The Panorama programme “Dying for a Drink” reminds us of the dreadful increase in liver damaged patients over the last 10 years. The programme showed us graphic images of the horrors of disease due to severe jaundice and liver failure.
The escalating harm is not only a product of today’s negative drinking culture but also yesterday’s.
The producers didn’t make this very clear, but there has been a doubling of consumption over the past 40 years.
For every pint our grandparents drank – we have two! So given the fact that the greatest increase in alcohol consumption has been in the last 20 years – the problem of alcoholic liver disease is only going to increase as time catches up with our country’s drinking epidemic.
Although the programme-makers mentioned a slight decrease in alcohol consumption over the last couple of years, this is likely to be explained by the increase of bootlegged booze rather than any cultural shift.
The real news for the next generation is that throughout the last decade, the number of drunk children admitted to hospitals has risen by 40%. These are the liver damaged patients of tomorrow.
Alcohol abuse in Scotland
And what about Scotland? The programme focused on the problems in England, but Scotland has already had its diagnosis. Peter McCann, Chairman of Castle Craig – who has been studying and comparing the Scottish and English addiction landscapes for the past 25 years spoke to me about the figures in Scotland that show a trebling in chronic liver disease over the past 15 years.
In fact, as a rule of thumb, Peter McCann believes that when it comes to alcohol – whatever problems England are having – Scotland’s problem are consistently 60% worse.
It is clear that change is going to have to be dramatic.
Peter McCann has long offered such a solution – slap another £10 tax on a bottle of whisky. Yet, remarkably, Gordon Brown in all his years as chancellor and Prime Minister, suppressed even tax increases on alcohol in line with inflation, meaning that in real terms alcohol became cheaper. The programme also showed how the new government is falling into the lap of the drinks industry, the same way that all other governments seem to do.
Politics and the drinks industry
Unsurprisingly the drinks industry is employing the same pernicious argument of the past 30 years – blaming “minority groups” who are spoiling the fun for the rest of us. Yet in Scotland, enough recorded alcohol is sold each year to allow every single adult over 16 to exceed their recommended weekly limits. Despite this, the drinks lobby insists that voluntary measures from retailers are what is required – and quite shockingly the government swallows this.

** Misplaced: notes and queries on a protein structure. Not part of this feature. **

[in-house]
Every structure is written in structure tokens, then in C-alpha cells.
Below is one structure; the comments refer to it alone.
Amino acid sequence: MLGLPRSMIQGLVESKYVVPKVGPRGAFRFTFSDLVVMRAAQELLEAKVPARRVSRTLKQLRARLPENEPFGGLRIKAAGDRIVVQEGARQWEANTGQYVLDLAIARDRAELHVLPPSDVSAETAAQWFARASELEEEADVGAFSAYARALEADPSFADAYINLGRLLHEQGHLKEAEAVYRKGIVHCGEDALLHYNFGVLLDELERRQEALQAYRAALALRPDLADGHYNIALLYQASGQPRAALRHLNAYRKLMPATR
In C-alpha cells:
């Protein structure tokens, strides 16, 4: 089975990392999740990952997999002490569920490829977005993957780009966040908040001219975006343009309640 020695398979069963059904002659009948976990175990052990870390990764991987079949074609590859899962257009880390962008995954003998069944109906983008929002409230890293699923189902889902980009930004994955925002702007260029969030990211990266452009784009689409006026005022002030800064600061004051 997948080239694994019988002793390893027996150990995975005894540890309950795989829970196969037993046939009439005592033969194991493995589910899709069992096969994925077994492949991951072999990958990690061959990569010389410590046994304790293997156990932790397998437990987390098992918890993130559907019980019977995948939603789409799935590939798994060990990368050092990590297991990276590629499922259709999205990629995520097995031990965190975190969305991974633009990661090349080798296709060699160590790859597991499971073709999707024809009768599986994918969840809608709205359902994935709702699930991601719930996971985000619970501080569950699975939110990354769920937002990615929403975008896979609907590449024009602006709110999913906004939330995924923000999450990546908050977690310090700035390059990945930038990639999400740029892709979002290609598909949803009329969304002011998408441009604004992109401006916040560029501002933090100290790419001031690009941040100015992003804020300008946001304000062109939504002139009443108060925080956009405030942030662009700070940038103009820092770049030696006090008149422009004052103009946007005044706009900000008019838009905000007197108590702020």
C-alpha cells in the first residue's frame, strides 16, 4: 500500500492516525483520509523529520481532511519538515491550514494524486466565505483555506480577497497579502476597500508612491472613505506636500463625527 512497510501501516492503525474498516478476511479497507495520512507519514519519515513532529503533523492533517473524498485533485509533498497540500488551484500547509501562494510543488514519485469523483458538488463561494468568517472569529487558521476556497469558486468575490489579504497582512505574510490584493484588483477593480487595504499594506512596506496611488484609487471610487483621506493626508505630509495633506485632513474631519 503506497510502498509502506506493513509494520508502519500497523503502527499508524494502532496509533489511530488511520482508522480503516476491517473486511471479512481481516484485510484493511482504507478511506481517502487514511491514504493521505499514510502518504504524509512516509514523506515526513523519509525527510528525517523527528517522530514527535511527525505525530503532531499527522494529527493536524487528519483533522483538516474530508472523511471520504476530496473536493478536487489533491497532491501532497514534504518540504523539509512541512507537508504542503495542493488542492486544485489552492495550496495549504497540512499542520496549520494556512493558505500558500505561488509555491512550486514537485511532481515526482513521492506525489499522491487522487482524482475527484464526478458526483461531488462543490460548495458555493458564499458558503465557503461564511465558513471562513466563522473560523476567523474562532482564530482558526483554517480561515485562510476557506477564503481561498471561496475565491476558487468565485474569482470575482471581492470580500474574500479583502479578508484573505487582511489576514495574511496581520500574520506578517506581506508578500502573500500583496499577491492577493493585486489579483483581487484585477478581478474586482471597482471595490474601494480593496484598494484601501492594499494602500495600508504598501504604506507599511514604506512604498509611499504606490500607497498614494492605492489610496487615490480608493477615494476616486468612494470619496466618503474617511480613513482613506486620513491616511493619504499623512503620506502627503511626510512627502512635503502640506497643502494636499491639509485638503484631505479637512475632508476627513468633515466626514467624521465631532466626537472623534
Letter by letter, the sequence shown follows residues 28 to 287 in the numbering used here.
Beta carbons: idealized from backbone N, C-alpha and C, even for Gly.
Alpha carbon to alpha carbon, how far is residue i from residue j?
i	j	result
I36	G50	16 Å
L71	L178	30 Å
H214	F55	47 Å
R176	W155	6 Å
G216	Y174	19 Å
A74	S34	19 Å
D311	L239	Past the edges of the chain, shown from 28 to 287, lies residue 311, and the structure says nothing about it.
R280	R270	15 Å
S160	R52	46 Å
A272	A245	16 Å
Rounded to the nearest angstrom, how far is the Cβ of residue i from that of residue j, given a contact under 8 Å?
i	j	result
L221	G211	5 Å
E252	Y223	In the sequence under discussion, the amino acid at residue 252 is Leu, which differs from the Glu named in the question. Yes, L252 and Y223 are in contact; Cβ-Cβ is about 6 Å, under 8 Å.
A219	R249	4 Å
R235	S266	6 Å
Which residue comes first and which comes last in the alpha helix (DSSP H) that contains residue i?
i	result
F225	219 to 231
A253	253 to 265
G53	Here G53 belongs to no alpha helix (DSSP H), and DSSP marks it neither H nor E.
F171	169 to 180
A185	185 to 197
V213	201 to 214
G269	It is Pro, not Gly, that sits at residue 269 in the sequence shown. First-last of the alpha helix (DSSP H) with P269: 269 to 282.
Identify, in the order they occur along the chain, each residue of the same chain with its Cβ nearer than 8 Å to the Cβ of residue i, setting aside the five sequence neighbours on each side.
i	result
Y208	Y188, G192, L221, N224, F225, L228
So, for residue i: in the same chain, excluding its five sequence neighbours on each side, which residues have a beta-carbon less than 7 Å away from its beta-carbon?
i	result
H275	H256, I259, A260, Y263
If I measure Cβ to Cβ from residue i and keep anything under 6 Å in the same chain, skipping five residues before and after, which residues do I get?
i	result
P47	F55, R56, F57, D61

It is disheartening that Alcohol Concern and other medical voices and charity groups are being ignored. They must be sick of being wheeled in to give the same advice to ministers before being routinely ignored.
They are perfectly correct to repeat the mantra of “price, marketing and availability.” These are the only variables that can be altered by the government to bring alcohol sales and consumption under control. But we also need a shift in public tolerance to drunkenness. It is still an offence to be drunk in a public place – but it’s a tolerated offence – by publicans, the police and by the public as a whole who see drunkenness as more comic than tragic.
Tough message for patients
Away from the politics and back to the hospital wards, there is a tougher line that medics could be taking.
We heard one doctor in the programme tell his patient that “if you keep going like this then eventually you could kill yourself.”
From another patient, we heard that his doctor had told him, “you are dying.” It is clear which is the stronger message – and the programme demonstrated a fact that that many working in the field know – which is that those very hard words such as, “You will be dead within a year,” or “you are killing yourself,” – are often the clincher – the trigger words that people need to hear before really changing their habits.
So, in order to get sober – there has to be a radical message to patients. But it also follows that if patients are to stay sober then there has to be a radical change in their lifestyles. And so it was sad to see one of the patients, following his liver transplant, was back in the pub with his friends.
He was drinking a pint of orange juice – but how long will it be before he’s drinking beer again?
Experience suggests this is inevitable. Elsewhere in the programme, we heard nothing about any effective support services for the liver damaged patients being discharged from the hospital.
Alcoholic liver disease
This is another untold story. Liver specialists, gastroenterologists and others in the medical field need to appreciate how the disease of addiction links in with alcoholic liver disease. A lot of their patients will be alcoholics and any form of treatment that doesn’t begin with addressing their underlying addiction will most likely be futile.
The human body – and most especially the liver – has a remarkable ability to recover provided the patient remains abstinent and forgoes all alcohol, and this is where addiction treatment centres such as Castle Craig have a role to play.